LIM COLLEGE FACULTY BLOG
What's Happening at the Store
posted by Professor Marie Driscoll, CFA
The pace of change in retail is accelerating and many old-line retailers are tottering on the brink of irrelevancy and sure demise. The organizational culture at many retailers is not prepared for the future. Their processes and procedures are antiquated, lacking the nimbleness that is necessary to compete in today's environment.
They lost their way in the past 30+ years of promotional pricing tactics that ignored and exacerbated the lack of merchandise differentiation. They reduced store employees to protect the bottom line. Their value proposition eroded and consumers have moved on.
The entire commerce ecosystem is under-going profound change, from design, sourcing, logistics and point of sale. Given the over-stored US landscape, retail bankruptcies and store closings will impact vendors selling into those retailers and landlords housing those retailers.
There will be a ripple effect as going out of business sales capture consumer dollars from healthier retailers and brands. The ecosystem is undergoing rationalization or right-sizing amidst the digitization of the industry and changing consumer preferences. A total industry reset.
Many shopping center developers and REITs are too sanguine about the channel shift to digital. Yes, they are diversifying their tenant portfolio to include more food/experiential retail and new concepts as they deal with vacancies, but I believe they remain blissfully unaware of the sea change in the way people shop.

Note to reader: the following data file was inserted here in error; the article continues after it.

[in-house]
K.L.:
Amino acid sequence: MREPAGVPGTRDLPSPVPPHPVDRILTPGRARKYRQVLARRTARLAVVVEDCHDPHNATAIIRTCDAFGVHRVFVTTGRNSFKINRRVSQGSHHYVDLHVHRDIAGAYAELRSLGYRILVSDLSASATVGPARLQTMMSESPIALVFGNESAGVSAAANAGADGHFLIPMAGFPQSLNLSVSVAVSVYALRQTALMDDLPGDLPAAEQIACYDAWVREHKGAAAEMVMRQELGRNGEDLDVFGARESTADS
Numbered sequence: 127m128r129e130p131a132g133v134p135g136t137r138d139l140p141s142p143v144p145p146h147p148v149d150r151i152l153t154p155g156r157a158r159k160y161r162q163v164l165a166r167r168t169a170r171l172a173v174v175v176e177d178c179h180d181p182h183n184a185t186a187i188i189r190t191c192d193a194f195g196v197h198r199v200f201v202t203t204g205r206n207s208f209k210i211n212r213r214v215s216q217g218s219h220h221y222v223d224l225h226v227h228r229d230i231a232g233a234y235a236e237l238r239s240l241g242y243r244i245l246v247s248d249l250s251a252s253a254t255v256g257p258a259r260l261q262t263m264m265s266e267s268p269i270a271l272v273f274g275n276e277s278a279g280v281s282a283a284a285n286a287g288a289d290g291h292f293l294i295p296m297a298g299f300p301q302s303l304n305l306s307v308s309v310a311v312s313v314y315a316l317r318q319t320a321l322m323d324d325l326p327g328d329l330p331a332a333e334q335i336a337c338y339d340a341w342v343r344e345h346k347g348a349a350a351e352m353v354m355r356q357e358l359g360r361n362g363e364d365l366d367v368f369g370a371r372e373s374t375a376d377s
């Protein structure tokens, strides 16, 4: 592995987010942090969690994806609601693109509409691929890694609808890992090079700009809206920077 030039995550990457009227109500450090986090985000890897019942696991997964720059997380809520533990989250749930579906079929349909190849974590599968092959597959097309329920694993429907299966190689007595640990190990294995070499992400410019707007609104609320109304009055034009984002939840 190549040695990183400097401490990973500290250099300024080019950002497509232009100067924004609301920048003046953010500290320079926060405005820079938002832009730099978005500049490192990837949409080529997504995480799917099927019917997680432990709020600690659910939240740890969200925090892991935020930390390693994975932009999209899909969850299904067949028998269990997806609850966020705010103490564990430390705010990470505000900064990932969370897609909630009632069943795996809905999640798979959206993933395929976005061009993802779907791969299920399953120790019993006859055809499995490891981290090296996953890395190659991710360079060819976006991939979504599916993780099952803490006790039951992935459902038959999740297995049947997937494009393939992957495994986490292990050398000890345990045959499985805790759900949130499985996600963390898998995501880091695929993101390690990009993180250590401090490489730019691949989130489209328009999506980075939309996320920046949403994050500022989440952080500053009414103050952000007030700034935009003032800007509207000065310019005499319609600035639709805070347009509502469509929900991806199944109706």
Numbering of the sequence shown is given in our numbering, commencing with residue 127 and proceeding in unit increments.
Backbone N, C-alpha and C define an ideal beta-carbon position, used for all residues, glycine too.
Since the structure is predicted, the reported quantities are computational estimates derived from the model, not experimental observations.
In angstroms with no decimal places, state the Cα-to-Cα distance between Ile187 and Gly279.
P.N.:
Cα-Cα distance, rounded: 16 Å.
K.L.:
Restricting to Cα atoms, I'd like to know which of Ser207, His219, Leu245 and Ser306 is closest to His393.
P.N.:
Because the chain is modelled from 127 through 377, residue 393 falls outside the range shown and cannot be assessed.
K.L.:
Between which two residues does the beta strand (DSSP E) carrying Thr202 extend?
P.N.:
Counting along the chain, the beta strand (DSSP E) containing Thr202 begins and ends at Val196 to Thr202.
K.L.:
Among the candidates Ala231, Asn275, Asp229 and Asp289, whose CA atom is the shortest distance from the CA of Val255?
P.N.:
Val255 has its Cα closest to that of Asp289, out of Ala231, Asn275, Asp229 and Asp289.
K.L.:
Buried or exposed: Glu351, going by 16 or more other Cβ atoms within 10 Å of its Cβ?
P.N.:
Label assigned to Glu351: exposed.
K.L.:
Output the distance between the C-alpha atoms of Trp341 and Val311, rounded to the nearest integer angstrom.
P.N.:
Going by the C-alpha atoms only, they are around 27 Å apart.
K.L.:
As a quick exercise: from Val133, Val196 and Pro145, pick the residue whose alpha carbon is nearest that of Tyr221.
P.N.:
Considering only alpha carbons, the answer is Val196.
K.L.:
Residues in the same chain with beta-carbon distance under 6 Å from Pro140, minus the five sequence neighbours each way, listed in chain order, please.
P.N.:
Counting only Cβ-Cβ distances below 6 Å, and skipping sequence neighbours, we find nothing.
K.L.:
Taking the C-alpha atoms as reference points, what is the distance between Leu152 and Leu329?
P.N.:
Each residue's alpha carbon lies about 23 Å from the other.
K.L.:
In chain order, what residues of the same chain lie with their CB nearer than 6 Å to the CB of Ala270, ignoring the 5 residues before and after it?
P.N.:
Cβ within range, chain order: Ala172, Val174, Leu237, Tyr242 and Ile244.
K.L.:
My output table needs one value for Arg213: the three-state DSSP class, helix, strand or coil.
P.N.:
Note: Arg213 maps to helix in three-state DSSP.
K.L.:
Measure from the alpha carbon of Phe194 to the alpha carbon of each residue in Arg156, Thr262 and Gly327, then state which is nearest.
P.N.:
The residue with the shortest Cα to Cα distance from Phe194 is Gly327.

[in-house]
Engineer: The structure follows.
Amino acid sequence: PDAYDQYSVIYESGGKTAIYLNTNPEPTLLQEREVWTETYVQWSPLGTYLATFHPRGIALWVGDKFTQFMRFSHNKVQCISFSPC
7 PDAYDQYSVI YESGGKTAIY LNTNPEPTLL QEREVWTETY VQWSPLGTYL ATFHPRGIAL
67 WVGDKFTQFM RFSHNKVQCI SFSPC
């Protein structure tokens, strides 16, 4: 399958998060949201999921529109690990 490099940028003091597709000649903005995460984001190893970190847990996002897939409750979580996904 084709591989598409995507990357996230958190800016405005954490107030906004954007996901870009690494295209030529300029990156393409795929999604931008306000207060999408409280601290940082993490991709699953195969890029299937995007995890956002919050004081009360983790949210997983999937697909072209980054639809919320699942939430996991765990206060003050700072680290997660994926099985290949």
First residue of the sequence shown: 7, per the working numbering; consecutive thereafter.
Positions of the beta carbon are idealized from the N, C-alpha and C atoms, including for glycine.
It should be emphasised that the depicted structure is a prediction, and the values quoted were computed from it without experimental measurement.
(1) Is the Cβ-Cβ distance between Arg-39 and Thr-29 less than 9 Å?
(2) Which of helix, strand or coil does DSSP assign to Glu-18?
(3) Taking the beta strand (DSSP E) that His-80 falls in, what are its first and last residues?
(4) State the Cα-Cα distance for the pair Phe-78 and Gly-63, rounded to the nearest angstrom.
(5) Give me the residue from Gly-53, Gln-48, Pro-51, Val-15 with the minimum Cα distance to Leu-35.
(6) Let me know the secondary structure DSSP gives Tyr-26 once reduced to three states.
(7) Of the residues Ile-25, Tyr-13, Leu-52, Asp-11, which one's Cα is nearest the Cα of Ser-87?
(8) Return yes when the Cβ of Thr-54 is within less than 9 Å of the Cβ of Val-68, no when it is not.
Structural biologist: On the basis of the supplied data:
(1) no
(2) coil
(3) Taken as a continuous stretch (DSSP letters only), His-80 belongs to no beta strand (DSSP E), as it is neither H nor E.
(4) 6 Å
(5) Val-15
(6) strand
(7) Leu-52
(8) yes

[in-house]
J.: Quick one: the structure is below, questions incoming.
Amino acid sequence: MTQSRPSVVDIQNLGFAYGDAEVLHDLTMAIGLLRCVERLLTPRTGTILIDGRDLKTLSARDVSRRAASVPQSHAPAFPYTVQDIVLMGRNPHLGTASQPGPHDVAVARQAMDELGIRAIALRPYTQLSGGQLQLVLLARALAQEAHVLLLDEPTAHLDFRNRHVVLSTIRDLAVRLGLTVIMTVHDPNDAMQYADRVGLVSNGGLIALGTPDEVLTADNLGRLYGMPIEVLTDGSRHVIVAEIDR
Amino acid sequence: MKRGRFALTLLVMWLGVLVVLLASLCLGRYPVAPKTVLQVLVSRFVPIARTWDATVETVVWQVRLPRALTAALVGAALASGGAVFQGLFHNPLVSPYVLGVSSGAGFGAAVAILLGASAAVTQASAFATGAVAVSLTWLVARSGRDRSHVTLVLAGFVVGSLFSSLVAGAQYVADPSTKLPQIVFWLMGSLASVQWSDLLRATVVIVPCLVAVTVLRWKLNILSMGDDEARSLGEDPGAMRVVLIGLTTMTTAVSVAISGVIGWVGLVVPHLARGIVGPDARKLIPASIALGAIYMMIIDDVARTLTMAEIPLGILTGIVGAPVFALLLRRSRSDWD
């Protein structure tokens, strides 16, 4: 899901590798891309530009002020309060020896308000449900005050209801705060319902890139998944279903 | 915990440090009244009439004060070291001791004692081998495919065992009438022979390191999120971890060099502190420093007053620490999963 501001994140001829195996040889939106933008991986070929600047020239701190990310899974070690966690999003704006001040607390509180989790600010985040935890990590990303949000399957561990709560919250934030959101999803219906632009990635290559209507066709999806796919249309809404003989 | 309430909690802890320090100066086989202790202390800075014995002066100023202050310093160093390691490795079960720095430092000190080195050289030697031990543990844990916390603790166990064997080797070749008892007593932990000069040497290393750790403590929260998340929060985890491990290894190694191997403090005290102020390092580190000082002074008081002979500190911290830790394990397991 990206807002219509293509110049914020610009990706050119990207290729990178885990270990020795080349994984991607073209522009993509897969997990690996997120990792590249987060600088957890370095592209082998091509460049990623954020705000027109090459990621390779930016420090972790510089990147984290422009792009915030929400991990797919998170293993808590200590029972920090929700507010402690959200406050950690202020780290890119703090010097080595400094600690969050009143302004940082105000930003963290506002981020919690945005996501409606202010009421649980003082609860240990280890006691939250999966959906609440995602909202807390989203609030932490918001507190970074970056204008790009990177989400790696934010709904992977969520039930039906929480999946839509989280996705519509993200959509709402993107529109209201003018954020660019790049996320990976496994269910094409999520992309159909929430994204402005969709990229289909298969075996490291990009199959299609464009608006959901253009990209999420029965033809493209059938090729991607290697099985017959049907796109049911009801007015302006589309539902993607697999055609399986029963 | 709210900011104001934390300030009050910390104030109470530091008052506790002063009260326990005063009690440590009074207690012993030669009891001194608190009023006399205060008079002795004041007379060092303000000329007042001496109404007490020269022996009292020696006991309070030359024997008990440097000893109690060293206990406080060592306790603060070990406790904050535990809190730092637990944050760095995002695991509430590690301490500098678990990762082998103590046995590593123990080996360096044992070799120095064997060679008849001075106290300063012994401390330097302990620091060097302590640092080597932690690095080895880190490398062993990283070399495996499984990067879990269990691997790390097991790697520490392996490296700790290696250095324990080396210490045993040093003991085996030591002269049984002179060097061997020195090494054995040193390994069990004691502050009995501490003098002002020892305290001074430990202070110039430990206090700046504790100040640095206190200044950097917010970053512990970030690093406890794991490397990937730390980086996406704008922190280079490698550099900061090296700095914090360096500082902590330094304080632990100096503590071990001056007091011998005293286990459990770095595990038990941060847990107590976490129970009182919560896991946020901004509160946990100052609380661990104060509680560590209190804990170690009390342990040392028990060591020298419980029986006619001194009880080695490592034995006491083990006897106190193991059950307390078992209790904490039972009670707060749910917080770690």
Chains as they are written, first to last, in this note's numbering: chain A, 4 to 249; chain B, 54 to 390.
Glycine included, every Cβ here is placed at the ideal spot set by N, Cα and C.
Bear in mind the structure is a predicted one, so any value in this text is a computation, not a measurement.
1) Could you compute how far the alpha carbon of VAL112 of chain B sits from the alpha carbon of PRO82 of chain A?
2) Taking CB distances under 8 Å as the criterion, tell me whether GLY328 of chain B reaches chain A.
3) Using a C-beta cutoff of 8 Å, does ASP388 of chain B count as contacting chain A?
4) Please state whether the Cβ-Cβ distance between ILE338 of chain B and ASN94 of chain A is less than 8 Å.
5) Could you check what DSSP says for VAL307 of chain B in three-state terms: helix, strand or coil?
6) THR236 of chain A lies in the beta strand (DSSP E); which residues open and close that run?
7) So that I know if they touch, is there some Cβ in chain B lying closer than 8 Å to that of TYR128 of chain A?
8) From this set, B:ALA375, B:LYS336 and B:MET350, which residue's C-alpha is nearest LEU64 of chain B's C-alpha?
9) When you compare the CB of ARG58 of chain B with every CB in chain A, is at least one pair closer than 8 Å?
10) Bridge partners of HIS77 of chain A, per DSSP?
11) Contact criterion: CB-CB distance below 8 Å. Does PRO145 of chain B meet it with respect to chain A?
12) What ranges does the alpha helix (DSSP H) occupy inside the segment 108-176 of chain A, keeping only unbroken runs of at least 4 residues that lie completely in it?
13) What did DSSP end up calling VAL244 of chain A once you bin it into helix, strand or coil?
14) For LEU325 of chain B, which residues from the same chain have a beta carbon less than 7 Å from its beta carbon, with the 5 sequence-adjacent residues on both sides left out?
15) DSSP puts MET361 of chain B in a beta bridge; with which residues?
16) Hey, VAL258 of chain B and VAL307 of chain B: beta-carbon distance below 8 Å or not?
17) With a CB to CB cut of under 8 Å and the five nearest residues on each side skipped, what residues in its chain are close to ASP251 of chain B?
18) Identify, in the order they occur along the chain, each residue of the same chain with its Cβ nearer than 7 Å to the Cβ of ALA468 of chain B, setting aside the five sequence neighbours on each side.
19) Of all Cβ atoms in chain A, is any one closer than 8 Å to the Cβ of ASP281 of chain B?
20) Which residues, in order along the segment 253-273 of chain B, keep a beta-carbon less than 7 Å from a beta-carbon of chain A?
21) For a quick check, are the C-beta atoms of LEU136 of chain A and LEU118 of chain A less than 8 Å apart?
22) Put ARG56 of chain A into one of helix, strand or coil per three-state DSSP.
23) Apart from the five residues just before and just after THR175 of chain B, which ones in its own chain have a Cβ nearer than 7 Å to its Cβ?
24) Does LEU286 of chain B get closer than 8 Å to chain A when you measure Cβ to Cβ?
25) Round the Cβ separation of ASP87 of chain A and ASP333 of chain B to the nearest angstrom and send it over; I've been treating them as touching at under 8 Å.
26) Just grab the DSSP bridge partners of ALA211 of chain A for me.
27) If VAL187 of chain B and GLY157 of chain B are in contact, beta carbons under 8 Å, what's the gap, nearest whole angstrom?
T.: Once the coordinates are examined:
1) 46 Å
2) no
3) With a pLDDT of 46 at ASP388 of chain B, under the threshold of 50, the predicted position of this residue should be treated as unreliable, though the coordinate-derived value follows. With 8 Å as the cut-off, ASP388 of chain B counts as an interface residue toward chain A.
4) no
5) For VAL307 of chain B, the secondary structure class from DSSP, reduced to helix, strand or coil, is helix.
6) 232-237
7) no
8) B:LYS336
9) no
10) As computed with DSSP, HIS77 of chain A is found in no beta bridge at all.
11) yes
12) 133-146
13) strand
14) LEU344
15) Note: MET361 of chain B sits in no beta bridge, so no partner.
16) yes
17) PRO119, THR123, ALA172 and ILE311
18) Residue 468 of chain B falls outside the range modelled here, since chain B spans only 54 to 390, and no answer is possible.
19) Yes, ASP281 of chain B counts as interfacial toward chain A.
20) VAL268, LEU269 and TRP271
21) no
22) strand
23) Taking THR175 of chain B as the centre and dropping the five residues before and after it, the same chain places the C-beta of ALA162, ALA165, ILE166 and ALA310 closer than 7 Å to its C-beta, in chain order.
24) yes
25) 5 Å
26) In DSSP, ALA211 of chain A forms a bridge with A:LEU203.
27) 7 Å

The go-to response is there is always another new specialty retailer. Perhaps, but with each Limited, BCBG, Bebe, Rue21, Aeropostale, et al. 100+ store retail chain shuttered. There just are not enough new concepts to fill the vacancies.
In addition to right-sizing the store fleet for individual retail banners, retailers need to invest in in-store digital, BOPIS (buy online pickup in-store), ship from store, and inventory visibility for the consumer. Public companies need to tell their shareholders that they are investing profits today for their future--that near term profitability will suffer.
Retailers need to take a few pages from the playbook of tech companies, to fail, to fail often, and fail fast on the way to success. And from Amazon, that not earning profits today is good for profits in the future.
Technology spending will take the place of new store openings. With it will come the data rich consumer learnings to direct future growth. Retailers should hire tech professionals and give them latitude to run a digital business and create new digital businesses. Walmart has got religion with Marc Lore. Nordstrom has a very iterative business model. Let's see more retail winners!